Determined to outmaneuver her adversaries, Emma forges alliances with influential men at court and wins the affection of the English people. But her growing love for a man who is not her husband and the imminent threat of a Viking invasion jeopardize both her crown and her life.
I made the mistake of dismissing this book when it started to pop up in lists of upcoming historical fiction. Something about the generic cover with the now obligatory faceless woman led me to dismiss the book as just another "queen" novel. It was only when I started to see glowing review after glowing review all around the blogging community that I reconsidered.
I'm very glad I did. There are so few historical novels with lead female protagonists that have not been done to death (Helen Hollick did reach this territory first with her novel "The Forever Queen") and I appreciated the opportunity to spend time in Saxon England with Emma, future mother of Edward the Confessor. Throughout the book, I kept remembering my visit to Westminster Abbey a few years ago and the opportunity that was given to all members of the Christian faith who wished to pray in the holiest part of the Abbey - we were allowed back into the small room that surrounds the tomb of Edward the Confessor. In a world of museum pieces behind glass, it was incredible to me to have the opportunity to sit a few feet from the grave of an English king who lived ten centuries ago. His tomb looked impossibly ancient; more like a tree or a rock that had always existed in that spot.
It's a great credit to Bracewell - a first-time novelist - that this poorly documented and almost incomprehensible time in our own modern mind feels quite real but also quite clearly aligned with unfamiliar values and mores. At times, Crown is very dark. The warfare and treatment of women at that time is not glossed over. Some readers may feel uncomfortable with these graphic depictions but these scenes aren't prurient - they're for a purpose. Emma undergoes severe mistreatment at the hands of her husband and Bracewell details that abuse unflinchingly so that we understand the stakes of Emma's survival.
I wasn't too fond of the romantic subplot that gave Emma a small measure of hope in her unrelentingly cheerless and unsettled existence. The relationship felt contrived and wasn't developed enough to justify the incredible risks the two characters took to be together. Ultimately, it didn't bother me too greatly as that element of the book stayed a sub-plot and since we know so little of Emma's life, Bracewell didn't go directly against documented historical facts in creating the relationship.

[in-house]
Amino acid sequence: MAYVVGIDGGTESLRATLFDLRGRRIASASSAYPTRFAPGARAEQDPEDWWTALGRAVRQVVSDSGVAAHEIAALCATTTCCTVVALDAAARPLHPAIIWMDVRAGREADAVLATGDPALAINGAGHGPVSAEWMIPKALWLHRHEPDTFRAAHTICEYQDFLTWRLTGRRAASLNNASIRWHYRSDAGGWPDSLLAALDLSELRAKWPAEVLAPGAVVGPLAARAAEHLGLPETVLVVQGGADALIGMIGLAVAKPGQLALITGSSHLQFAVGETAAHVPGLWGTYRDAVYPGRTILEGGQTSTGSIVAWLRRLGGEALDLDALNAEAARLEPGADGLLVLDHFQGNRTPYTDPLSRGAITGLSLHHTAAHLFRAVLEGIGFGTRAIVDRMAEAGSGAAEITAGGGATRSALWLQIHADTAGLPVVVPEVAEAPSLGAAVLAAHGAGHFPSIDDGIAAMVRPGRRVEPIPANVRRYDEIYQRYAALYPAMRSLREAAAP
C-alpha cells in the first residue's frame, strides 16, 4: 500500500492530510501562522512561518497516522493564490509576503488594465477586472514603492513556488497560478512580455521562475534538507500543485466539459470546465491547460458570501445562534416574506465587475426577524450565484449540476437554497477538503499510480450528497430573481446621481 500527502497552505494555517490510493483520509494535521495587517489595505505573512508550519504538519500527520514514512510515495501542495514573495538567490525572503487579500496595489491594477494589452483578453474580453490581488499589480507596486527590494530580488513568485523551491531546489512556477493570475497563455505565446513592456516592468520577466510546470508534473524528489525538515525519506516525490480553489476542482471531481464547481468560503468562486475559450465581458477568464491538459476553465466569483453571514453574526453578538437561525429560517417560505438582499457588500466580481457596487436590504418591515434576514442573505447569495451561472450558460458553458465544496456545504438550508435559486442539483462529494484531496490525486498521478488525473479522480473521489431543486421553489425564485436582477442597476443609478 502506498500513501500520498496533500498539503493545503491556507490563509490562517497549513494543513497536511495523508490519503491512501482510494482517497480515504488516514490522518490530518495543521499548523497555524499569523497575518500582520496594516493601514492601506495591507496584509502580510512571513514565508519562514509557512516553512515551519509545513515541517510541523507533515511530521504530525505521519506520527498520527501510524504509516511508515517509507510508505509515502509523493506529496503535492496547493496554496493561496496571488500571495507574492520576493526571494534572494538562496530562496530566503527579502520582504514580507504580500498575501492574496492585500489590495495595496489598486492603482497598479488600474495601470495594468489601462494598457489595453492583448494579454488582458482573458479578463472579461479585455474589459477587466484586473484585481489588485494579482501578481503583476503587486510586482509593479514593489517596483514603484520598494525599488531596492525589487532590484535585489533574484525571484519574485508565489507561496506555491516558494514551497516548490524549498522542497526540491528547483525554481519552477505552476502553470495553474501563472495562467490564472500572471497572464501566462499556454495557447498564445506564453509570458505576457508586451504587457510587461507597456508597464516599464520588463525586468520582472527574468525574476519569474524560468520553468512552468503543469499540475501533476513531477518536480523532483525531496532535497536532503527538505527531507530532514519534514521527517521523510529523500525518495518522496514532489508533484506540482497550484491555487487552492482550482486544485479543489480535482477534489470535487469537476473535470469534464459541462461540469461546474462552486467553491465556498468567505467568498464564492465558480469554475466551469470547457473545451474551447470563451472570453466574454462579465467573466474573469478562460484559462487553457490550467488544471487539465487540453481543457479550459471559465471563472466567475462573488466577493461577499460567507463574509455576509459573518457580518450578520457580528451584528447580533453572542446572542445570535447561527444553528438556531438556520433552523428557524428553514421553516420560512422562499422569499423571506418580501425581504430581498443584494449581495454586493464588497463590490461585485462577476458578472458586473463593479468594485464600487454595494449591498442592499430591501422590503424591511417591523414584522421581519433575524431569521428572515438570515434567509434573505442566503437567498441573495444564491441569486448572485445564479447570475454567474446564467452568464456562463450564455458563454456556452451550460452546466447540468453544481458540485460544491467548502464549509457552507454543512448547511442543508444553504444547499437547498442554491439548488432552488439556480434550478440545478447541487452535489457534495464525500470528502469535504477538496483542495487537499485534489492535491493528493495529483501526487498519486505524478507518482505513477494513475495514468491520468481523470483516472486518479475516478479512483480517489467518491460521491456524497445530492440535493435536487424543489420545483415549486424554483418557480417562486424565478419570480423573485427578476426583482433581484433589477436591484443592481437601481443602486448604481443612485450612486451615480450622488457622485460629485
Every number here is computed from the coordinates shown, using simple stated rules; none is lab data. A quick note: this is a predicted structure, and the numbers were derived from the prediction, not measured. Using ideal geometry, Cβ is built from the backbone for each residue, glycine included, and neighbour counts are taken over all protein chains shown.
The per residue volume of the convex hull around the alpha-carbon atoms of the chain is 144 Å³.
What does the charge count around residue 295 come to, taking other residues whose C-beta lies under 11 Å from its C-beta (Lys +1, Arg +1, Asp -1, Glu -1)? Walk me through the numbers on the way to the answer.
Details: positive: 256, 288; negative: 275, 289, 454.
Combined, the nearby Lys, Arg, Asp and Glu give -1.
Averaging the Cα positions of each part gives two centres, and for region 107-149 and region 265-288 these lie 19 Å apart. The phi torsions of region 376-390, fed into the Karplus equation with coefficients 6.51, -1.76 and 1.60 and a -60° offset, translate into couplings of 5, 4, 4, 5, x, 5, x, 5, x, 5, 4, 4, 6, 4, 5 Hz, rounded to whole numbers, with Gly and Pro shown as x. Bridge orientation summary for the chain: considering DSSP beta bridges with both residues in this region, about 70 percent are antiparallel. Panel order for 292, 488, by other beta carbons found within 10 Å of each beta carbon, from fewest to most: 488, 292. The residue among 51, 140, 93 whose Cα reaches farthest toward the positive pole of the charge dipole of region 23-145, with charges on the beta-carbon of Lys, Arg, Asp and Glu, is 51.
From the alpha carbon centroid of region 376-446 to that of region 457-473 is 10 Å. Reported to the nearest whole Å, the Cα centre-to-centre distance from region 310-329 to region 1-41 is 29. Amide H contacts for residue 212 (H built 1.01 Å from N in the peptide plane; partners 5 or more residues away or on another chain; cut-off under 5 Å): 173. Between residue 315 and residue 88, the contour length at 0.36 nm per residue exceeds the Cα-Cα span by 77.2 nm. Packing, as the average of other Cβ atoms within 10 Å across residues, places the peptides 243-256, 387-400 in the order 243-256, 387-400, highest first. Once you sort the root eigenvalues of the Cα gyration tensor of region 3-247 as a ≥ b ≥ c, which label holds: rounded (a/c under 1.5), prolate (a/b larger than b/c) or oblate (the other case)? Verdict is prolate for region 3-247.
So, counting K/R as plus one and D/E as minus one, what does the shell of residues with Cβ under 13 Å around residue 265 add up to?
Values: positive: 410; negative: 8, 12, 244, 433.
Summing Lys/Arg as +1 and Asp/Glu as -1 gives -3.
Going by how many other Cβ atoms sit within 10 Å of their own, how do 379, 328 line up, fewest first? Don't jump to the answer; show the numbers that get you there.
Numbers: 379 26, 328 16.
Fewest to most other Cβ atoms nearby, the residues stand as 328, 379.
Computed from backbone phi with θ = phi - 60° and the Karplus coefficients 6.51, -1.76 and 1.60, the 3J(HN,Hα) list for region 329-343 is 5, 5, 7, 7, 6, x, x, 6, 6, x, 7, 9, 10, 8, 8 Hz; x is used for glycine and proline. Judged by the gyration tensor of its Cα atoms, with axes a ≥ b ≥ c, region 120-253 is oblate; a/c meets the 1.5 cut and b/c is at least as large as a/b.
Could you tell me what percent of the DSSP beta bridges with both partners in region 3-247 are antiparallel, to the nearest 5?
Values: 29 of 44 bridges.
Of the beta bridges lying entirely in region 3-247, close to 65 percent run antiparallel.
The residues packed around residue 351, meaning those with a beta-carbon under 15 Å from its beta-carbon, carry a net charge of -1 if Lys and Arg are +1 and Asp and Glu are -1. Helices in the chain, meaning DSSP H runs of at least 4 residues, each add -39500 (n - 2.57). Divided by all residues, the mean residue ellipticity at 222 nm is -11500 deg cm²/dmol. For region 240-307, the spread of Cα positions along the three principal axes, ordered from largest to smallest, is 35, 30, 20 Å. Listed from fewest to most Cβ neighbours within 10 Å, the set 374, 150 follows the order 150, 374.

Emma herself is the great strength of the book. She is true to her time - a powerless woman who never anachronistically fights to be heard but who nevertheless works in her own quiet ways - observing, building alliances and remaining strong in the midst of a treacherous court. It was quite enjoyable to read of new battles and fears and to see England on the verge of becoming a real kingdom while still very much a collection of squabbling regions, counties and fiefdoms.
Bracewell writes clean, streamlined prose. She wisely tells the story from the viewpoint of four main characters: Emma, her husband Athelred the Unready, his son and a lady in waiting at the court. The shifting perspectives emphasize the constantly changing stakes in the fight for power and lend an almost thriller-like pace to the plot.
Crown is the first in a trilogy on the life of Emma of Normandy and this installment ends with the birth of her first son, Edward the Confessor. I was so engaged by her life story that I cheated and went online to read about the rest of her life. Fortunately, this is just the start of Emma's eventful life and I'll be eagerly awaiting the next books in the series.